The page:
Friday, 13 December 2013

Sheppey and Oare

Still neglecting the patch a bit at the minute, with busy weekends and work but a couple of days out over the last week were very enjoyable with generally calm days and a bit of brightness thrown in.
Saturday we arrived at Elmley at around 7.15ish the entrance track produced a couple of BUZZARD, BARN OWL and a possible MERLIN, with good numbers of CURLEW and LAPWING present. A brief stop at the farm found at least 2 BARN OWLS in residence in the owl box also 2 PEREGRINE were stationed on gate posts to the north of the car park, we scanned for SEO in the rough areas but with no success there were a few MARSH HARRIERS though, also just a lone BLACK TAILED GODWIT was in the pools again north of the farm buildings. As we left Elmley a small covey of GREY PARTRIDGE were viewable in fields near the entrance to the reserve. Next stop was Shellness point via Muswell Manor a good flock of finches was near the barn at Muswell including good numbers of GREENFINCH and CHAFFINCH, it was nice to find 1 BRAMBLING in amongst the flock. Shellness point was really quiet the sea/swale was a long way out, we did add the expected waders KNOT, BAR TAILED GODWIT, SANDERLING to name a few but no sign of any Snow Bunting. The high and lowlight of the day was firstly watching a MERLIN chasing a Pipit then landing not too far away for brief scope views then later it was seen on one of the posts on the saltmarsh, as we were leaving the drama unfolded as 2 PEREGRINE drifted over and started harassing the MERLIN, it took flight and within 50 yards or so 'BANG' it was in the talons of the larger female PEREGRINE, I've rarely seen Peregrine actually take a bird but for it to take the Merlin was certainly not what we were expecting at all! Our last stop was the raptor view point we gave it a good go but didn't really add many species a couple of GREEN  SANDPIPERS were whizzing around and another MERLIN sat for a while without incident, 73 species at the end of the day was nice as it seemed a quiet day at times.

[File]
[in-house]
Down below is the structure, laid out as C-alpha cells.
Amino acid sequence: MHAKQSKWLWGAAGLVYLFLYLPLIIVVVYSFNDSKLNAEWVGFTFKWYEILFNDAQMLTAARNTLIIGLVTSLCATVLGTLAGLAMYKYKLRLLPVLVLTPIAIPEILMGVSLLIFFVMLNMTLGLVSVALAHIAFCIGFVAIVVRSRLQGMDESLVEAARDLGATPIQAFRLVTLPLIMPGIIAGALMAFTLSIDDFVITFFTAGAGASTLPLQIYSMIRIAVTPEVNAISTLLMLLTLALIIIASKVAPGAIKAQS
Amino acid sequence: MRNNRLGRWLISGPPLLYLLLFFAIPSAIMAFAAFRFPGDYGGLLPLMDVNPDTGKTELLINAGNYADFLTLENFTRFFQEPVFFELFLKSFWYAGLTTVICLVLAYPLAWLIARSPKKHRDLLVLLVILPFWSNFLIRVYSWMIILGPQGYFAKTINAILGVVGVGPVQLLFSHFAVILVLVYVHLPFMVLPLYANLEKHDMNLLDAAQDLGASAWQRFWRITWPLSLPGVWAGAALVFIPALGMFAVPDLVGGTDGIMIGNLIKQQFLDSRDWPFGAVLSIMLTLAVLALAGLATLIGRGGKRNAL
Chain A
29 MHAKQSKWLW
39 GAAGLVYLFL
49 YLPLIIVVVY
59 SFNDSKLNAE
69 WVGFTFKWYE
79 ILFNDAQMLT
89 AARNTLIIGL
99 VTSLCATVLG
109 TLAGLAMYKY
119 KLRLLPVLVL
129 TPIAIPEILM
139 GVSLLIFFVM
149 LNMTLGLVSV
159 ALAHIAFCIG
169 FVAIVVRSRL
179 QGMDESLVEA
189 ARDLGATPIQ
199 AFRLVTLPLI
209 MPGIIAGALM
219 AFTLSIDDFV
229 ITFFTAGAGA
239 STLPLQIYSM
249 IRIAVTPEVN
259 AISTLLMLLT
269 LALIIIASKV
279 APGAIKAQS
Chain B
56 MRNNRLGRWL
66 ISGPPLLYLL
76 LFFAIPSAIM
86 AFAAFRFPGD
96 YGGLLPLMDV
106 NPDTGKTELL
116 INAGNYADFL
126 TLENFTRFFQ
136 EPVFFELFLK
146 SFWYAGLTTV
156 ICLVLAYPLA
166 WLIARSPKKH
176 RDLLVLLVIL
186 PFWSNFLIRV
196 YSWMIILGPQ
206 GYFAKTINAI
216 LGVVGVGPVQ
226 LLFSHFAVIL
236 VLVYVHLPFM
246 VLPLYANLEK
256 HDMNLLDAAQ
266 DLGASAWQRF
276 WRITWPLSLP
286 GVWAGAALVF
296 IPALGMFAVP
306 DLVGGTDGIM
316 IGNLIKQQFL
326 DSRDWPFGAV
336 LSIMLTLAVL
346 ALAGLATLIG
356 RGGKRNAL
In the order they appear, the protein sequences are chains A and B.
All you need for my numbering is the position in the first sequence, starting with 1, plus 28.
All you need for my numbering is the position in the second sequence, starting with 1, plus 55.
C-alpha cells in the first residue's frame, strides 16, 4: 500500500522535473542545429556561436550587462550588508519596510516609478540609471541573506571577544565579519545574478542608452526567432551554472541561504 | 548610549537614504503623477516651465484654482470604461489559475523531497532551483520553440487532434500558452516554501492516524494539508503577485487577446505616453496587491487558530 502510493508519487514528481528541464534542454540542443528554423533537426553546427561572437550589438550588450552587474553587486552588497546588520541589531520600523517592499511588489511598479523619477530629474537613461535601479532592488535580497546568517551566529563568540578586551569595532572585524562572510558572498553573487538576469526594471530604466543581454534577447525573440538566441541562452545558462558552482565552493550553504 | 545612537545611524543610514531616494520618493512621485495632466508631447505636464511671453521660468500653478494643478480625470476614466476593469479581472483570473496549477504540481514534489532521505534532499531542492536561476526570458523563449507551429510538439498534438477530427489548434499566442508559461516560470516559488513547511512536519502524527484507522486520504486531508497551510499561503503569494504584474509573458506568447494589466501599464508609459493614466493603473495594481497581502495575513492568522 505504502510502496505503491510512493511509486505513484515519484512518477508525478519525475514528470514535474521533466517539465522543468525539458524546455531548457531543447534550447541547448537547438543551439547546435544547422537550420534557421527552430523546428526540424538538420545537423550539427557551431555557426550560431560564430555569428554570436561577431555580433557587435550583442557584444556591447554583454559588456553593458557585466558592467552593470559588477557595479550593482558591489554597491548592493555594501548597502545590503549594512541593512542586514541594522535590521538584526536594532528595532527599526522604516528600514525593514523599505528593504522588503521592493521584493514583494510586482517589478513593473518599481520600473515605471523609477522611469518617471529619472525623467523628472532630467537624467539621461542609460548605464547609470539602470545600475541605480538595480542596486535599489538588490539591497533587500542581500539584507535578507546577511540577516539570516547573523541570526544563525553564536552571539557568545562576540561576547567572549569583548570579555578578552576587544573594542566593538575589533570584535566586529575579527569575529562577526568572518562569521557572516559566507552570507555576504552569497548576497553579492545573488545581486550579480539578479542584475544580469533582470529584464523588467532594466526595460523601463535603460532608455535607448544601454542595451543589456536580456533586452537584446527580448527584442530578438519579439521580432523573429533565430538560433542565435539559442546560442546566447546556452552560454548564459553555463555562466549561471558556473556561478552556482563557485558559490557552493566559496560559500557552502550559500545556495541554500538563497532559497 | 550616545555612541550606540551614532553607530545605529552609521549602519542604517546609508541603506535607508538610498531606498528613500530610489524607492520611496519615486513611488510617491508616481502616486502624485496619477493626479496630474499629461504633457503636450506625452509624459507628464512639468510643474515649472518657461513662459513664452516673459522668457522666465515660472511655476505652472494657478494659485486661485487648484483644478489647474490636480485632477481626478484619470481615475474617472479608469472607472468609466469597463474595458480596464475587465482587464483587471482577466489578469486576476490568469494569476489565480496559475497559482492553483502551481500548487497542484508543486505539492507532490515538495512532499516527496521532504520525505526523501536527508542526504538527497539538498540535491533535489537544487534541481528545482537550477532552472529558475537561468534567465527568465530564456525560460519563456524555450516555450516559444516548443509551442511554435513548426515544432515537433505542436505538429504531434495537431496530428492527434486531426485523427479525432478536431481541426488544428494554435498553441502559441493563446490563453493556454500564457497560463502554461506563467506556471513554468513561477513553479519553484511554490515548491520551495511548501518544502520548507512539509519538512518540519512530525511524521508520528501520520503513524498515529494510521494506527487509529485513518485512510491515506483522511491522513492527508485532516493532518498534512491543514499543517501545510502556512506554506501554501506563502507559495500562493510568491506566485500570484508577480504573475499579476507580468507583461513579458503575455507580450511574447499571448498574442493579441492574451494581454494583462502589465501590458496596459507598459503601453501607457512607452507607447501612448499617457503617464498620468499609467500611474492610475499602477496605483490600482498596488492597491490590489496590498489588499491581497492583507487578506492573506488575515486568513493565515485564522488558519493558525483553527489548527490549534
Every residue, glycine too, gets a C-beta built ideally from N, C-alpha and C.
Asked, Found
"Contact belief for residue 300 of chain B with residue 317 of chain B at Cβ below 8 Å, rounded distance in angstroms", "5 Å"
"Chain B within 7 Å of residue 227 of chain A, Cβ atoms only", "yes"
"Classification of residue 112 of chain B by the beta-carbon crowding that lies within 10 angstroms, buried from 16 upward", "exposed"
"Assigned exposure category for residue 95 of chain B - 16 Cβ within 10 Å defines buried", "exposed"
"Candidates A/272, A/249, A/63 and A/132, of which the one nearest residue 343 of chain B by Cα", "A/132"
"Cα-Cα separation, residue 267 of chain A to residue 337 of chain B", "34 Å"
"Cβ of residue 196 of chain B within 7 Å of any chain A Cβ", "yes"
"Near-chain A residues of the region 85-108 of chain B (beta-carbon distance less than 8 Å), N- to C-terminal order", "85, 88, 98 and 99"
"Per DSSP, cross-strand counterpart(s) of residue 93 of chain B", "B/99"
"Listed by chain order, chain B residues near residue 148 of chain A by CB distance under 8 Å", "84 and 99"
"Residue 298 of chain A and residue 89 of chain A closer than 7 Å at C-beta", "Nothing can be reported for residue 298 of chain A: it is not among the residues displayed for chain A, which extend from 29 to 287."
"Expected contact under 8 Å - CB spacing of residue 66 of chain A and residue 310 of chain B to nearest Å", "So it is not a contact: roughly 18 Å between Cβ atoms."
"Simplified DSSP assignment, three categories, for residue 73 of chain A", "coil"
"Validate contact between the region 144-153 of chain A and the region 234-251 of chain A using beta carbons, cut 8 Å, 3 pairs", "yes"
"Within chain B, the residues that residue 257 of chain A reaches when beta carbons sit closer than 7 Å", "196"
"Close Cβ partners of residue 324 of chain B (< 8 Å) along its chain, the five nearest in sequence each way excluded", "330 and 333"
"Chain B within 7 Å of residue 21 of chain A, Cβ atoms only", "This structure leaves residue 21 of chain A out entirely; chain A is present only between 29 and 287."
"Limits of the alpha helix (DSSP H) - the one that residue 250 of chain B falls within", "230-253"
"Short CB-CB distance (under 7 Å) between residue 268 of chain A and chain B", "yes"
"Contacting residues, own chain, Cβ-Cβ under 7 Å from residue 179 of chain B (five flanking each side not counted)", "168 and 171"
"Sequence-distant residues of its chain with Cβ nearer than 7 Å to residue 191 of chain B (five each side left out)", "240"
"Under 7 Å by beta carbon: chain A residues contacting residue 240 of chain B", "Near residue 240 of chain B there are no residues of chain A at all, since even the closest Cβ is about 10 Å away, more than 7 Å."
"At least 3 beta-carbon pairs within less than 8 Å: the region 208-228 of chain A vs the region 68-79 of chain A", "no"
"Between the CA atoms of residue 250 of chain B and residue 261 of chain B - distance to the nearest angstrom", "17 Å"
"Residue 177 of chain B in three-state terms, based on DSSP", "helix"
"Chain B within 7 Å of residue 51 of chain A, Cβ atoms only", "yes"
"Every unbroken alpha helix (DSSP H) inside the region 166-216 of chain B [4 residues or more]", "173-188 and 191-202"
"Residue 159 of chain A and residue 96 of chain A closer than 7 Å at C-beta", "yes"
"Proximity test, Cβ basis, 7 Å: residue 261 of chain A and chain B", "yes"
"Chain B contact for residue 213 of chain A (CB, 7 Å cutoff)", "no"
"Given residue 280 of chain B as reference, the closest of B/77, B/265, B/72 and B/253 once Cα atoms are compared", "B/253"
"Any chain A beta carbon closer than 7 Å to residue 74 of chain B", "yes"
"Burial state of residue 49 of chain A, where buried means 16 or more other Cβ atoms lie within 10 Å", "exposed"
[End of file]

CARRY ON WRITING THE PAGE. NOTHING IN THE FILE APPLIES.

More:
On Tuesday this week Dad and I went to Oare Marshes, the water levels understandably high after the recent conditions. There were several Ruff on the west side as we drove up to the car park, we spent the first 5 minutes just watching from around the car park a WATER RAIL was seen disappearing into a ditch next to the approach road and REED BUNTINGS were very evident, as was the explosive CETTI'S WARBLER announcing its presence nearby The light was superb as we walked the sea wall towards Dan's Dock, the were good numbers of COMMON SNIPE and CURLEW, a BUZZARD was seen on the south side of the reserve and the odd MARSH HARRIER commuted across the Swale. After a quick bite we headed to the sea wall hide there were lots of DUNLIN and REDSHANK, with a nice gathering of 94 AVOCET at the mouth of Faversham Creek. 1 CORN BUNTING flew up from the saltings along the east path and there were 20 or more PINTAIL scattered around the east flood with more of both TEAL and SHOVELER also present. Another enjoyable day 64 species and a misty drive home.
Reed Bunting




Reed Bunting


Marsh Harrier

Tuesday, 26 November 2013

A Weekend in Suffolk

Visiting friends in Suffolk is always a treat and some nice weather this weekend meant some good walking was to be had. I was hoping to get a few pics of Red Deer which can be seen around Westleton and Dunwich heaths. There weren't many birds around but after a while we did find around 6-8 DARTFORD WARBLERS a couple of crests and 2 COAL TITS on Dunwich Heath, none of them wanted to stay put for long, I managed to add LESSER REDPOLL, BRAMBLING and MEADOW PIPITS flew over. FIELDFARES and REDWINGS were sparse with only 3 REDWING and about 15 FILEDFARE seen all weekend.
We found Red Deer on both days but just one of them let me close enough for some pics, the rest were a fair way away. Here are a couple of pics from the weekend.
Green Wood on our friends lawn

Red Deer 'teenagers'

Red Deer

Red Deer, looked at us now and then whilst eating

Coal Tit

'Coal Tit finds caterpillar'

Sunday, 17 November 2013

More Crossbills